Poulsens honored Saturday at Squaw event | SierraSun.com

Poulsens honored Saturday at Squaw event

Kara Fox
Sierra Sun

Kara Fox/Sierra SunSandy Poulsen gives an interview Saturday at the Squaw Valley Olympic Chapel for local public television and for a video honoring the Poulsen family. Wayne and Sandy Poulsen were key figures in the early development of Squaw Valley and were honored Saturday for their contributions to the area, including donating the land where the Squaw Valley Olympic Chapel was built. The event was held to honor the first anniversary of the naming of Poulsen Peak after Wayne Poulsen and was a fundraiser for the chapel.

Singing “Sound of Music” classics in lederhosen and telling stories of being the first Americans to ski in Russia is all in a day’s work when honoring Sandy Poulsen and the legacy of Squaw Valley that her husband, Wayne, left behind.

Such was the scene Saturday when old friends gathered at the Squaw Valley Olympic Chapel to celebrate the Poulsen family, in honor of the first anniversary of the naming of Poulsen Peak after Wayne Poulsen, who died in 1995. The event was also a fundraiser for the chapel, which was built for the 1960 Olympics after the Poulsens gave the land that the church now sits on.

“The key here is the Squaw Valley chapel is really worth supporting,” said Russell Poulsen, the youngest of Sandy and Wayne’s eight children, when asked how he felt about his family being honored. “Their goal is to bring people together. You can be Muslim and be welcome here. It is a great community event.”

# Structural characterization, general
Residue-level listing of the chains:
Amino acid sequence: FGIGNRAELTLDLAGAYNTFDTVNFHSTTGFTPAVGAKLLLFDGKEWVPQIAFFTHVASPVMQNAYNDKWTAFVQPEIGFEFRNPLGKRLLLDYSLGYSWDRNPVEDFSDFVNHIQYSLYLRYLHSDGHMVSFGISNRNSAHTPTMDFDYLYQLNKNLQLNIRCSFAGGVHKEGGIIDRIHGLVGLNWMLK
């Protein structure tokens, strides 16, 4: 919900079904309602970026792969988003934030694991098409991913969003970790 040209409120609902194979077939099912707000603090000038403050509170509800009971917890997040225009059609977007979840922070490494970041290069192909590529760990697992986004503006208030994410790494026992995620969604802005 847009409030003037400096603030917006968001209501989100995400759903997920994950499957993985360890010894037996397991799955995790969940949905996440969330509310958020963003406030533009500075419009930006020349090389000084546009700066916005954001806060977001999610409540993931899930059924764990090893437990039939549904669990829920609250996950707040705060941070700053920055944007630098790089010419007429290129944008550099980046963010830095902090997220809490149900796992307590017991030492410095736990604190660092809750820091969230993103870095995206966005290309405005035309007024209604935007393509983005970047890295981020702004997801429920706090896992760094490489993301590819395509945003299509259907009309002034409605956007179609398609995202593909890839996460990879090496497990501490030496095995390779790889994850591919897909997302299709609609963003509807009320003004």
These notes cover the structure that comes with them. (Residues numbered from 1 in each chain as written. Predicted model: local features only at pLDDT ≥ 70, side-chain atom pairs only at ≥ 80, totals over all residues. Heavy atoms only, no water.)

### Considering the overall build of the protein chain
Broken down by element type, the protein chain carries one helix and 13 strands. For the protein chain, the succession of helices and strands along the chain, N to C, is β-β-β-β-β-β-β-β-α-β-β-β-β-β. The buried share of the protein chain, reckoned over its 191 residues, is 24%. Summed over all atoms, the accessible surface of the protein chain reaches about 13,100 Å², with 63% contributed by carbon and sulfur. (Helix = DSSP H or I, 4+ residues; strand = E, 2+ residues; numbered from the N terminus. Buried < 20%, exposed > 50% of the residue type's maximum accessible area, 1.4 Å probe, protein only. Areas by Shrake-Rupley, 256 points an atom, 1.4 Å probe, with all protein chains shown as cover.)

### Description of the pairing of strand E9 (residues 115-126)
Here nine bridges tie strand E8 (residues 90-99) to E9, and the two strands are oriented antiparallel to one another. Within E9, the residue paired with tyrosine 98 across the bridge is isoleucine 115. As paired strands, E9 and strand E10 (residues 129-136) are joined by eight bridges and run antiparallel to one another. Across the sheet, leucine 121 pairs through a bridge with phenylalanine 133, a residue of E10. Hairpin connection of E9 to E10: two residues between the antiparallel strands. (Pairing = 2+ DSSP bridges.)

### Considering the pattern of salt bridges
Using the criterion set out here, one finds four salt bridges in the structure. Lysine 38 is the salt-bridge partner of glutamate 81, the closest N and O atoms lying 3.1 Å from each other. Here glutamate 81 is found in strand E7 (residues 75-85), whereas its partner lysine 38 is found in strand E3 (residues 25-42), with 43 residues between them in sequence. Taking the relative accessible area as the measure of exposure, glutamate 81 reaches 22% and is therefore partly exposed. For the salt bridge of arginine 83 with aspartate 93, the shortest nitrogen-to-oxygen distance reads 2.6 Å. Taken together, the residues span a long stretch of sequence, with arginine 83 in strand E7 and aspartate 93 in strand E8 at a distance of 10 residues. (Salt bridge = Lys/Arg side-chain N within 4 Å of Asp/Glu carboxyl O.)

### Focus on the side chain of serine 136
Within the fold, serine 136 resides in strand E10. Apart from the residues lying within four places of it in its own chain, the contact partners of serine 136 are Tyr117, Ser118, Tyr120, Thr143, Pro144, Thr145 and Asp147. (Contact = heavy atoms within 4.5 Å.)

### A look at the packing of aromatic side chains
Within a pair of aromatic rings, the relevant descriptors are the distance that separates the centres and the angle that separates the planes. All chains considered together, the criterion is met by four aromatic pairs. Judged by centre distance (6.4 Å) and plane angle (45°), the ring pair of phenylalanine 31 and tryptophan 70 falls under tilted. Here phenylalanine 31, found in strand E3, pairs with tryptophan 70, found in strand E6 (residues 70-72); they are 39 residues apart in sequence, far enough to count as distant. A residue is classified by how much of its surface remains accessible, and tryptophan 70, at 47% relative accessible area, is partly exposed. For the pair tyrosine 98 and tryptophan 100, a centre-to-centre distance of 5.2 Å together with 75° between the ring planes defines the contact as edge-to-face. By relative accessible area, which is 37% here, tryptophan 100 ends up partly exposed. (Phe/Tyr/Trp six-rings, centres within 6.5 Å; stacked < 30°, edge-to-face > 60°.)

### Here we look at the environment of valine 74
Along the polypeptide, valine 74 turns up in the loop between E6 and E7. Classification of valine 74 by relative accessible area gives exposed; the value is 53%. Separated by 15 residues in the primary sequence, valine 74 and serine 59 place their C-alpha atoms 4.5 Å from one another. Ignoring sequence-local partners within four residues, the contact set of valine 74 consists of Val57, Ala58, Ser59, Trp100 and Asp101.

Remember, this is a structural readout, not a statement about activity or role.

Sandy Poulsen, the matriarch of the family, happily sat on the chapel’s stage in front of family and friends while her life story was set to a back-drop of classic songs, old stories and her grandchildren singing like the Von Trapp family.

She told of how she and Wayne, a professional skier and pilot, met in Sun Valley and then he whisked her to Squaw Valley to start his dream of building a ski resort. They first slept in a tent at the base of the mountain and then made a life for themselves, building a home that is now the site of Christy Inn and Graham’s Restaurant and raising their brood. They eventually developed Squaw Valley and helped bring the 1960 Olympics to Squaw.

“It is incredible,” Sandy Poulsen said of the event. “I’m seeing so many old friends. We have a gorgeous day in this beautiful valley and this beautiful chapel.”

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The event, which was planned in a month and chaired by Carol Schleicher, included an early-morning hike to Poulsen Peak, a luncheon with food donated by Graham’s Restaurant, a skit and an ice cream social. Friends and family members were also asked to give testimonials on video to be aired on local public access television and for a video for the Poulsen family.

Guy Perman, a parishioner of the Squaw Valley Olympic Chapel, said the church plans on holding the fundraiser as an “annual celebration of the Poulsen family and Squaw Valley.